There are several types of permits or licenses you may need, including:
Business License: Most cities or counties require a business license. Odds are your city or county’s official website has information for businesses including permits and licenses. If not, you can call or visit your local city or county’s government office for information and details.
Sales Tax Permit: If you sell tangible goods (stuff you can hold in your hand), and your state charges sale tax, you’ll need to collect and pay sales tax on your items. Check your state’s tax or comptroller’s office online for information. You’ll probably be able to sign up for the permit online.
Occupational Permit or License: Depending on the business you run, you may need an occupational permit. These are supplied by states that regulate certain businesses. For example, you may need a license to run a day care out of your home. Typical regulated businesses include day and elder care, financial businesses, grooming (i.e. hair stylists or pet grooming), and food and beverage creation and sales. Check your state’s website for information on occupational licenses.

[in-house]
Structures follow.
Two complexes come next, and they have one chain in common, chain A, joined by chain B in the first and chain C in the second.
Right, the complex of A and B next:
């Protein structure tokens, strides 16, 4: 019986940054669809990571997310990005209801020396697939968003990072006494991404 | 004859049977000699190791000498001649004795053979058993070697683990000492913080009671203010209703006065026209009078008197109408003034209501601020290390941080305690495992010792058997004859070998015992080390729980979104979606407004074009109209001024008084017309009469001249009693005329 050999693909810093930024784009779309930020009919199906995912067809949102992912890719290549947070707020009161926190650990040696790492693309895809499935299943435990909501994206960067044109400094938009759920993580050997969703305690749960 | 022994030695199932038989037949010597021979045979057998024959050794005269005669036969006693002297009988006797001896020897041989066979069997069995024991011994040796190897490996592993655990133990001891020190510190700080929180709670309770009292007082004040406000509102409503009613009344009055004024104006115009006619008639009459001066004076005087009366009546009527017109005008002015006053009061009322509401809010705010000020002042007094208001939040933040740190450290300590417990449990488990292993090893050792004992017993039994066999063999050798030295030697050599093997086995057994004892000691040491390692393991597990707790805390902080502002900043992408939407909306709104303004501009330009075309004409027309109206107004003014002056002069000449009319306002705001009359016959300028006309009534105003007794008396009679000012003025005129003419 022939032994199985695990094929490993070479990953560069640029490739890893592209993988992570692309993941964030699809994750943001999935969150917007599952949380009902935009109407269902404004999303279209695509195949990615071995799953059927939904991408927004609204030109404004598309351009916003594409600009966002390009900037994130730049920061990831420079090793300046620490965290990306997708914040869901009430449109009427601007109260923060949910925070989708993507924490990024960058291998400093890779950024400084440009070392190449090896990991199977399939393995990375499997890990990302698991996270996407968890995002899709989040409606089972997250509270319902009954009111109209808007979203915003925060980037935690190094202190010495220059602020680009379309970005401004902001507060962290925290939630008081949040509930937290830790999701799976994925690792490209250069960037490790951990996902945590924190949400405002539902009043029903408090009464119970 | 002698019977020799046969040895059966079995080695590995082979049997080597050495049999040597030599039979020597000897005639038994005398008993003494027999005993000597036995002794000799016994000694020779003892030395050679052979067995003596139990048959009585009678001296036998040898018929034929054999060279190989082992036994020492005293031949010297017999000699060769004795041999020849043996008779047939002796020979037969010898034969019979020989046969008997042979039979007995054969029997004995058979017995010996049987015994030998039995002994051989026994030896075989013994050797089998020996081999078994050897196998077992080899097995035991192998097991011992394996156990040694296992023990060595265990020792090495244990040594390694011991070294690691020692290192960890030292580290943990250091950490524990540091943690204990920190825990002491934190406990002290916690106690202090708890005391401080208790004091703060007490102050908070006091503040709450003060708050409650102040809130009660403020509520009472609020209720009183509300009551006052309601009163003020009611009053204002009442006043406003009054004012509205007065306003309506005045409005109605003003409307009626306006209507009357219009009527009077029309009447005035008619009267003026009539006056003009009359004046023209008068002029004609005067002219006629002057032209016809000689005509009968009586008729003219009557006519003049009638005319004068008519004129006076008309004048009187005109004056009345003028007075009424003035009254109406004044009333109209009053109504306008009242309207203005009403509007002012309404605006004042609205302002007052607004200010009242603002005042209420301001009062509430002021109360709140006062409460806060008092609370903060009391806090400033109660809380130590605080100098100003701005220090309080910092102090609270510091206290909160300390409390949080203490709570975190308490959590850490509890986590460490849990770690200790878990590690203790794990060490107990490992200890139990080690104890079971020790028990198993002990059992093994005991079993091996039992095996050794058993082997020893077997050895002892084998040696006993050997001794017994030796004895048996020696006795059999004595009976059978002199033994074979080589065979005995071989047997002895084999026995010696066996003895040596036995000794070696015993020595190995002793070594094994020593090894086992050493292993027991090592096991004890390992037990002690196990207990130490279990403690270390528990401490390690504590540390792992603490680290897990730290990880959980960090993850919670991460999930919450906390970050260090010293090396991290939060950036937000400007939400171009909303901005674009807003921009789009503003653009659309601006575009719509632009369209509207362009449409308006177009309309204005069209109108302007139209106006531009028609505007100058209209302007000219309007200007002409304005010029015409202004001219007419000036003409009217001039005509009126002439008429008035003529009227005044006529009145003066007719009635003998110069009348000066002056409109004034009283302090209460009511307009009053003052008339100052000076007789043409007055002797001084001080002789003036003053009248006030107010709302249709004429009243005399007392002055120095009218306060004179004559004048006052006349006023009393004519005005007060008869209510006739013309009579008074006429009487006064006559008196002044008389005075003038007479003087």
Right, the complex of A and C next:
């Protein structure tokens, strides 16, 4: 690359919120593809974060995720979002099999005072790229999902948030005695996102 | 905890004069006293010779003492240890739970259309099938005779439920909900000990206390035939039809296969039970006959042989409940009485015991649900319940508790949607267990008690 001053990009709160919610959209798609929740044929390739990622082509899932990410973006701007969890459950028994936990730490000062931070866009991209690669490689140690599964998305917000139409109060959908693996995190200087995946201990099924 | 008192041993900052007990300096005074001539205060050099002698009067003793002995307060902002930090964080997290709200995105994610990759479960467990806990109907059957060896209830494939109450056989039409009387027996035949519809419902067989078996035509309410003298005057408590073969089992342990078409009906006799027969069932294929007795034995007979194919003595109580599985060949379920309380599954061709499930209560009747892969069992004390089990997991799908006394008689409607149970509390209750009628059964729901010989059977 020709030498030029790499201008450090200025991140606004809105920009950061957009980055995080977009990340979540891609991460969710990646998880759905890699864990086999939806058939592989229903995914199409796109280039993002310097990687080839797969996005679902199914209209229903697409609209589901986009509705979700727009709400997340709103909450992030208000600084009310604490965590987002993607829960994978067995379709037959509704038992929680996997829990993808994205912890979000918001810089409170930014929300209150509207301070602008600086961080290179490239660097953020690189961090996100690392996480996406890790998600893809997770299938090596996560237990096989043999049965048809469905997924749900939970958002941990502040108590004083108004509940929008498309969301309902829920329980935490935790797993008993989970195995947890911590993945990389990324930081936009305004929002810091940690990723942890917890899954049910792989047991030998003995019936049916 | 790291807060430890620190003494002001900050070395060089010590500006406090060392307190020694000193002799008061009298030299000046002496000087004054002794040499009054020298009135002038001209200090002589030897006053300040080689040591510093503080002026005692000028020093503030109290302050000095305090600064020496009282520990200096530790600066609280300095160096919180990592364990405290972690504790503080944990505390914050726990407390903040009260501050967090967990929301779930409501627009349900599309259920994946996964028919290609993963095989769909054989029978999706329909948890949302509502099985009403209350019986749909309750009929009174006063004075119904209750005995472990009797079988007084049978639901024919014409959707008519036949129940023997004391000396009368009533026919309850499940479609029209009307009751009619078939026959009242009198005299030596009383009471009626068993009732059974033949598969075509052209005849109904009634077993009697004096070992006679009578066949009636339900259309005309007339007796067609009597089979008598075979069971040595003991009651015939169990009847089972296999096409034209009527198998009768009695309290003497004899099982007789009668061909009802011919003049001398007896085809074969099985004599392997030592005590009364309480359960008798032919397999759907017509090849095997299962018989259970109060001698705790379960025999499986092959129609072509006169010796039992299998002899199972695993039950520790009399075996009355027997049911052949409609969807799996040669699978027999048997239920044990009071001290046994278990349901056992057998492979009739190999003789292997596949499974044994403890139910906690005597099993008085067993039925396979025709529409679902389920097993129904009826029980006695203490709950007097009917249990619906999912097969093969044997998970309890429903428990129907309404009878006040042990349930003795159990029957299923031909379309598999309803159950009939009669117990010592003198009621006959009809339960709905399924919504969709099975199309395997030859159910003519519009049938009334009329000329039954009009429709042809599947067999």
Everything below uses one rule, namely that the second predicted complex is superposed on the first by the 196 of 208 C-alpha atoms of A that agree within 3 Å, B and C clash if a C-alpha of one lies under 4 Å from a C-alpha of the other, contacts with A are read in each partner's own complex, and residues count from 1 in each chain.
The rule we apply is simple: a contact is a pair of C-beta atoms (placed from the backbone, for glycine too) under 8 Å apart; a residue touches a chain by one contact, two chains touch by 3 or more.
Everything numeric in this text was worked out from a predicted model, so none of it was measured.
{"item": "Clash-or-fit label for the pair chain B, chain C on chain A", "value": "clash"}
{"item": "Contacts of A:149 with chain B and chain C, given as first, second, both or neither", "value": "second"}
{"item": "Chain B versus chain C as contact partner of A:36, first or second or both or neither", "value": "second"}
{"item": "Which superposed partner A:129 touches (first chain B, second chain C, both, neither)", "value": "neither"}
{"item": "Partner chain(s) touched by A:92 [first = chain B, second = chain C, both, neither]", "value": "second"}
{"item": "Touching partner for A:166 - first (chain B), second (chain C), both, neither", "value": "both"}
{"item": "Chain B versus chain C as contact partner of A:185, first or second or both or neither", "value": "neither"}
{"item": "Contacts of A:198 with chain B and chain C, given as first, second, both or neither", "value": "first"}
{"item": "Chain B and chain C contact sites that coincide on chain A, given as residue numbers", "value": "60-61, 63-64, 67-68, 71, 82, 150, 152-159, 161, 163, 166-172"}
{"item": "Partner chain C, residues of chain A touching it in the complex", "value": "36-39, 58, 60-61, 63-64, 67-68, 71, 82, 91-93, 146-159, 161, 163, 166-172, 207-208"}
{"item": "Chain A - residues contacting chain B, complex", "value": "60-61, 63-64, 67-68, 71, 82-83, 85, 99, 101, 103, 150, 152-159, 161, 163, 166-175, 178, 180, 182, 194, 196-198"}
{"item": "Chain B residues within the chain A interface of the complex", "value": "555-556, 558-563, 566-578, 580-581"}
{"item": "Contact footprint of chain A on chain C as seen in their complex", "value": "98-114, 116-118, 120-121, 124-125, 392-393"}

Fictitious Name Statement (Doing Business As or Assumed Name): If your business name is something other than your given name, your city or county may ask you to file a fictitious name statement, sometimes called doing business as or assumed name statement to let residents of your area know about your business. This is often done through your local city or county clerk’s office.
Employer Identification Number: This isn’t required in all business types, but it’s free and can help keep your business separate from your personal life. If you have employees, you’ll definitely need one. Visit the IRS online for details on whether or not you need Employer Identification Number (EIN) and how to get one. One advantage to getting one, is the ability to use your businesses number, instead of your social security number, in your business-related activities (i.e. filling out a W-9 for freelance or affiliate businesses) that require a federal ID number.
Business Bank Account: Once all this is set up, it’s time to open a business bank account. Even if you run your business as a sole proprietor, you’ll want a separate account for business. The IRS is a stickler for not comingling personal and business funds.
Day 10: Set Up Your Home Office Including Billing, Invoice, Money Management etc